In addition, strikes would be made against the United States naval fleet at Pearl Harbor, as well as landings in the Philippines, and attacks on Guam, Wake Island and the Gilbert Islands. With this perimeter, it was intended to block Allied attempts to regain the lost territory, the Japanese 25th Army invaded from Indochina, moving into northern Malaya and Thailand by amphibious assault on 8 December 1941. This was virtually simultaneous with the Japanese attack on Pearl Harbor which precipitated the United States entry in to the war, Thailand initially resisted, but soon had to yield. The Japanese proceeded overland across the Thai–Malayan border to attack Malaya, at this time, the Japanese began bombing strategic sites in Singapore. The Japanese 25th Army was resisted in northern Malaya by III Corps of the British Indian Army, although the 25th Army was outnumbered by Allied forces in Malaya and Singapore, Japanese commanders concentrated their forces. The Japanese were superior in close air support, armour, co-ordination, prior to the Battle of Singapore the most resistance was met at the Battle of Muar, which involved the Australian 8th Division and the Indian 45th Brigade.
At the start of the campaign, the Allied forces had only 164 first-line aircraft on hand in Malaya and Singapore, and these aircraft were operated by two Royal Australian Air Force, two Royal Air Force, and one Royal New Zealand Air Force squadron. Major shortcomings included a slow rate of climb and the fuel system which required the pilot to hand pump fuel if flying above 6,000 feet. Their fighter aircraft were superior to the Allied fighters, which helped the Japanese to gain air supremacy, Japanese forces quickly isolated and forced the surrender of Indian units defending the coast. They advanced down the Malayan peninsula overwhelming the defences, despite their numerical inferiority, the Japanese forces used bicycle infantry and light tanks, allowing swift movement through the jungle. The Allies, having thought the terrain made them impractical, had no tanks, and only a few armoured vehicles, although more Allied units—including some from the Australian 8th Division—joined the campaign, the Japanese prevented the Allied forces from regrouping.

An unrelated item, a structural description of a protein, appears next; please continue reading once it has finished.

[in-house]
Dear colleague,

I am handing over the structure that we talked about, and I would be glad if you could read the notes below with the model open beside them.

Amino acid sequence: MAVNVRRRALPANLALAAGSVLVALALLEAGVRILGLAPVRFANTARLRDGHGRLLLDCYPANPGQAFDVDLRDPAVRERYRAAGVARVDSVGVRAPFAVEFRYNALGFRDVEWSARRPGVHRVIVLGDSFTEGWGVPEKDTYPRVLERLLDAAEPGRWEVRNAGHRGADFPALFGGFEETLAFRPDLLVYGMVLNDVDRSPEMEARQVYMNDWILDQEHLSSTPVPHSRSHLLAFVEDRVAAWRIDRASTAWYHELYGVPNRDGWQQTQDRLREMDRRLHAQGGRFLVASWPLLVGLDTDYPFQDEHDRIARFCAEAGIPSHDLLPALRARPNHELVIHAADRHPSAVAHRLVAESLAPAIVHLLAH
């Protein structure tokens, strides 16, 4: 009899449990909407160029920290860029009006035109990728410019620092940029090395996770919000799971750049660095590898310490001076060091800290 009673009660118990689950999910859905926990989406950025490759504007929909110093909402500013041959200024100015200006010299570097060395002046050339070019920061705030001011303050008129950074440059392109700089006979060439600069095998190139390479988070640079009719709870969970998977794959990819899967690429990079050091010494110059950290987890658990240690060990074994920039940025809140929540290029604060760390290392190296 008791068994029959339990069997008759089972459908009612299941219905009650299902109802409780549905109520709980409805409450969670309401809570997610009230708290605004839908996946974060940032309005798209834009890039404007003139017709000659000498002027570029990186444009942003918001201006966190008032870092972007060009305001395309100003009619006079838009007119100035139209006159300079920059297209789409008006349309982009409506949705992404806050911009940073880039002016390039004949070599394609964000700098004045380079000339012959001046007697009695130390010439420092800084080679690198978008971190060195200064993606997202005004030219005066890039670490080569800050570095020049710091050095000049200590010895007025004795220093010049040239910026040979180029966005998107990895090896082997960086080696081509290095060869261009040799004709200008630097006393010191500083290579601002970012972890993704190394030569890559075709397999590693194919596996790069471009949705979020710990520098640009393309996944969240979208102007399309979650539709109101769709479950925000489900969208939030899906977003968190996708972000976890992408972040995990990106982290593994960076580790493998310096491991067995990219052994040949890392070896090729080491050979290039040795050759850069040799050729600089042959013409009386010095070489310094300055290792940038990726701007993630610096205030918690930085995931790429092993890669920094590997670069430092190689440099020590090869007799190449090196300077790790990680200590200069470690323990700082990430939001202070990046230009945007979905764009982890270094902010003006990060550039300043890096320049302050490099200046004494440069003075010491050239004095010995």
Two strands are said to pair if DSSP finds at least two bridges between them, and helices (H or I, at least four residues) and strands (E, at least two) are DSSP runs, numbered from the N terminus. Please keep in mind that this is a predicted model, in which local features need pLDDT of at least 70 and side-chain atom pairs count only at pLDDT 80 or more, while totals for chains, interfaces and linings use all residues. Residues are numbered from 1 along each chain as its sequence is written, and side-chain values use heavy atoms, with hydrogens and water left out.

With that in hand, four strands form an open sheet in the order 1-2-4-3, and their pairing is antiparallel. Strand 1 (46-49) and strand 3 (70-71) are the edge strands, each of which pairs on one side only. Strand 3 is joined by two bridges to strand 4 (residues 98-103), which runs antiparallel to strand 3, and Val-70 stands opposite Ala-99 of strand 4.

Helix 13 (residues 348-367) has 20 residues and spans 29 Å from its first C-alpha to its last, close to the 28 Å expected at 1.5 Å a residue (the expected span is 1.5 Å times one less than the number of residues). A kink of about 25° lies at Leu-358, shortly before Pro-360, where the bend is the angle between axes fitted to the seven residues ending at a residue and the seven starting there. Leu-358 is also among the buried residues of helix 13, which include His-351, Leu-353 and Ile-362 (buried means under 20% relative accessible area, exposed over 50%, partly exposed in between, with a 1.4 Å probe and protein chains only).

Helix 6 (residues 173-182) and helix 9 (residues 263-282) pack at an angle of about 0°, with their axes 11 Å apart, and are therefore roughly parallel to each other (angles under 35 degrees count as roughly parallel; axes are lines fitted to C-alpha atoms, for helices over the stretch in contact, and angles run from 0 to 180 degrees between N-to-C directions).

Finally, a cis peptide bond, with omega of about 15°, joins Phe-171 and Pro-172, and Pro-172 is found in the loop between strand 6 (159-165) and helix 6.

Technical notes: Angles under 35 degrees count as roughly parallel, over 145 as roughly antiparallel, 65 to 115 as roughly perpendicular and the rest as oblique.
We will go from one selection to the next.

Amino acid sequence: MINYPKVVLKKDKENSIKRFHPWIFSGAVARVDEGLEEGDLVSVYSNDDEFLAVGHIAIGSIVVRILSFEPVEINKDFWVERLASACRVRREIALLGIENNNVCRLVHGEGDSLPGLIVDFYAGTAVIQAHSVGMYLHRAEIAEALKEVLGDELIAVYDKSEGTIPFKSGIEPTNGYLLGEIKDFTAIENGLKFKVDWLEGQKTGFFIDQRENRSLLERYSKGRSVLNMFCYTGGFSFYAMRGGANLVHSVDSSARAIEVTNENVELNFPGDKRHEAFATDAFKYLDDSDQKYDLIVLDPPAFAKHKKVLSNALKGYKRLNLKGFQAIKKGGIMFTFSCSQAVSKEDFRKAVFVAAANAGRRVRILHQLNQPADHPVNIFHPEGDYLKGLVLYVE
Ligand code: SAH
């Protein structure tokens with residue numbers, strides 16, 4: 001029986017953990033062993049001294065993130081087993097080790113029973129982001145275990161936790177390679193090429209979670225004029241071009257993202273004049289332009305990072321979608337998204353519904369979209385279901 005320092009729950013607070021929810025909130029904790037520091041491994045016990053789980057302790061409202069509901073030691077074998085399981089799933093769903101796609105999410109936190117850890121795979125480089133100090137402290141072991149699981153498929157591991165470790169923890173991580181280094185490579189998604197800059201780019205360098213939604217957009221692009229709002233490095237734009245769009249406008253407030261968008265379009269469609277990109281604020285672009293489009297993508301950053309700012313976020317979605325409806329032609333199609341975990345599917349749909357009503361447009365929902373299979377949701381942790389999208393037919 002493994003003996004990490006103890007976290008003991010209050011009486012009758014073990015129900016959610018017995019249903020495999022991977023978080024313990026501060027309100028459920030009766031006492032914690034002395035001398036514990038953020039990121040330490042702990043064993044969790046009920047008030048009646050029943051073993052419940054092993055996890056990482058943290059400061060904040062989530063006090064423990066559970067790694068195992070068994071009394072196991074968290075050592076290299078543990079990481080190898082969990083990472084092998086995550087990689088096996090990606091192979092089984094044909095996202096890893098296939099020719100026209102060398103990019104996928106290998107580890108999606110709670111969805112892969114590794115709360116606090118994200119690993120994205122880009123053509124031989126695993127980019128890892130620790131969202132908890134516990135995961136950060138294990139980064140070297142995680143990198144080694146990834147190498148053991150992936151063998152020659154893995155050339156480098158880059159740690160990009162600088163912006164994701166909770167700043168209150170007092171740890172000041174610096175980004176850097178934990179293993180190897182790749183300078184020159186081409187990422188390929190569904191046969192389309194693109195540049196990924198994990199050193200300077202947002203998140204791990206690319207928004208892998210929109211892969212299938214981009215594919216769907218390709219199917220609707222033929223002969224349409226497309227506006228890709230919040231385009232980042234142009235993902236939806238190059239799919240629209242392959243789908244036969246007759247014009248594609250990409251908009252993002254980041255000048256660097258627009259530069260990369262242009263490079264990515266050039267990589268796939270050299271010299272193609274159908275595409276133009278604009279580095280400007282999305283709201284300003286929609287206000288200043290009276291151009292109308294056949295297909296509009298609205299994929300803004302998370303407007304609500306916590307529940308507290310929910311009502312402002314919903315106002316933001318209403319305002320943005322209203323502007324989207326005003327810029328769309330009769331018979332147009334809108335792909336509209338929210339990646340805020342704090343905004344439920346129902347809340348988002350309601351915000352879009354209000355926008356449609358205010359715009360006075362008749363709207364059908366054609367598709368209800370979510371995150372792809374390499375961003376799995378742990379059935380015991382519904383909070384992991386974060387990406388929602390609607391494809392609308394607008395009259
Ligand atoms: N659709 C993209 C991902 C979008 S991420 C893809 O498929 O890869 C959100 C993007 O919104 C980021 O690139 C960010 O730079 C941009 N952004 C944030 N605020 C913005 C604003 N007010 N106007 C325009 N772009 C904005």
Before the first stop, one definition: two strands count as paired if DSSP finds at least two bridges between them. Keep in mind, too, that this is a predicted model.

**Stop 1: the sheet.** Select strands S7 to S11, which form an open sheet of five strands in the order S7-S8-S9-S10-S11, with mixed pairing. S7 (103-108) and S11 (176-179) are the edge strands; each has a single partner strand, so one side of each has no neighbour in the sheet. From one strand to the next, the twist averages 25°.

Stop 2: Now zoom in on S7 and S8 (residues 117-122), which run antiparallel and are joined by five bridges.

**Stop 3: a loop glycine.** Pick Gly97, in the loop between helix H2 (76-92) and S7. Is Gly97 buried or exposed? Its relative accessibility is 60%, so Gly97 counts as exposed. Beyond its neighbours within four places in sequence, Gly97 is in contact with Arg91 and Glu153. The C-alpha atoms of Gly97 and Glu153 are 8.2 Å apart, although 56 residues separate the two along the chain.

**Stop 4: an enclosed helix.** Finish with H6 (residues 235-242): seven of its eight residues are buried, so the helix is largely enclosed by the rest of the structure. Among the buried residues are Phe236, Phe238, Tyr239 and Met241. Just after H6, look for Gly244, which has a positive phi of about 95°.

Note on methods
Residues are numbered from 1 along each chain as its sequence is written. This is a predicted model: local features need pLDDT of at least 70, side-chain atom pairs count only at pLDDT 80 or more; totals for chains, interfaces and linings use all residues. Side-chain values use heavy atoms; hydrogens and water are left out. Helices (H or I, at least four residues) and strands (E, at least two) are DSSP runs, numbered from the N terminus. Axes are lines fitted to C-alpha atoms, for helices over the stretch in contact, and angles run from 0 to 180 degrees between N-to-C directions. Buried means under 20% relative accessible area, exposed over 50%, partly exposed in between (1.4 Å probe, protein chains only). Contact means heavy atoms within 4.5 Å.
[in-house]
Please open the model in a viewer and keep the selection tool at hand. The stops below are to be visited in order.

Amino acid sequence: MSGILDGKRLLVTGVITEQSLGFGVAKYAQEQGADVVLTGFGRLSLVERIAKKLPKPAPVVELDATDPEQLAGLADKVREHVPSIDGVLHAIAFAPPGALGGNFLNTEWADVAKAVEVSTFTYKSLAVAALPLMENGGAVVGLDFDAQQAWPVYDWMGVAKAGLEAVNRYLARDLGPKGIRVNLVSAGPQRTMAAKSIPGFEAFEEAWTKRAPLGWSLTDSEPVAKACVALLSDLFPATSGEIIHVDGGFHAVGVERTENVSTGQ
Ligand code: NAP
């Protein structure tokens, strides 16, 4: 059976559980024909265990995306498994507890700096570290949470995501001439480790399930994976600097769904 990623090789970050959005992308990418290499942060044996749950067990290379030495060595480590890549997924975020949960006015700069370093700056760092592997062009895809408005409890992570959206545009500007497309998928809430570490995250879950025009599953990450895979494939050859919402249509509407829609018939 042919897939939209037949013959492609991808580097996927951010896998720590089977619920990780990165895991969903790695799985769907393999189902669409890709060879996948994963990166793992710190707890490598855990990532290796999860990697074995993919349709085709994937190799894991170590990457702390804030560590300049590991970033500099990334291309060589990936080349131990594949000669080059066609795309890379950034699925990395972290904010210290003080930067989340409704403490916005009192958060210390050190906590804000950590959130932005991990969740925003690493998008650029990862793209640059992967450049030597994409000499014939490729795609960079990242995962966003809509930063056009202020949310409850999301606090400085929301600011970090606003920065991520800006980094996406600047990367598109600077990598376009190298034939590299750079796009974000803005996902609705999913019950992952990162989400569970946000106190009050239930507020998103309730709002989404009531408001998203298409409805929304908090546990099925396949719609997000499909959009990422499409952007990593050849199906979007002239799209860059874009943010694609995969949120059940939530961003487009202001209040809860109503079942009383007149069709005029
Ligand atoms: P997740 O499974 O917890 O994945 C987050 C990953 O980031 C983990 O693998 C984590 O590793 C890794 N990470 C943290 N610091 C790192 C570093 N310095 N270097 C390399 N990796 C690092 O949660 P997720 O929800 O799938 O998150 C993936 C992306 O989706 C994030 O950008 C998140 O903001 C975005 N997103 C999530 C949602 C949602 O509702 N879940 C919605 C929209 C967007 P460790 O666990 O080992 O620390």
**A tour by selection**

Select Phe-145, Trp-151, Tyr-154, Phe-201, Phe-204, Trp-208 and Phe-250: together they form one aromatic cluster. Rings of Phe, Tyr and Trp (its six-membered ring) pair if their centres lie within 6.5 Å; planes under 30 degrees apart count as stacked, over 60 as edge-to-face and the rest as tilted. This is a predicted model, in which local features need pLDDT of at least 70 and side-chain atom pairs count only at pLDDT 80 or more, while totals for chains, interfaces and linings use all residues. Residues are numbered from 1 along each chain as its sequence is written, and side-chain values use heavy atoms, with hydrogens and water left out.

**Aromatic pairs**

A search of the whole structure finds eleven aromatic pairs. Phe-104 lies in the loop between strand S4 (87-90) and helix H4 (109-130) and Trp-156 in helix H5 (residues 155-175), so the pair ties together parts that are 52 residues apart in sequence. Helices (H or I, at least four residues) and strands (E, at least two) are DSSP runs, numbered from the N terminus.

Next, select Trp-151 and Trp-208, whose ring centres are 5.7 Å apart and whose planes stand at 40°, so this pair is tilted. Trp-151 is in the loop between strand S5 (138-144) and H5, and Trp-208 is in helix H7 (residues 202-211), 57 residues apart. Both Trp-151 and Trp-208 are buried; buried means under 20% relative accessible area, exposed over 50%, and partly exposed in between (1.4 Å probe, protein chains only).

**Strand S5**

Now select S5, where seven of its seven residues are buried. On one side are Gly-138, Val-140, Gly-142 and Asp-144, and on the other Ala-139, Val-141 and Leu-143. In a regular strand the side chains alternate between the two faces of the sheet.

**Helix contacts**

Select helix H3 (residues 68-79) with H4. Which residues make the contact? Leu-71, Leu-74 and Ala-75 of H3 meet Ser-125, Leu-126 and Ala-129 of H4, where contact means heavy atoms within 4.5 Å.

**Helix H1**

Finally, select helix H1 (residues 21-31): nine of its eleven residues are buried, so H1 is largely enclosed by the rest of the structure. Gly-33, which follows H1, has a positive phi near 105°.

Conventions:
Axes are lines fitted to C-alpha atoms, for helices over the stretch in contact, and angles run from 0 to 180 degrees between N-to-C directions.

They overran cities and advanced toward Singapore, the city was an anchor for the operations of the American-British-Dutch-Australian Command, the first Allied joint command of the Second World War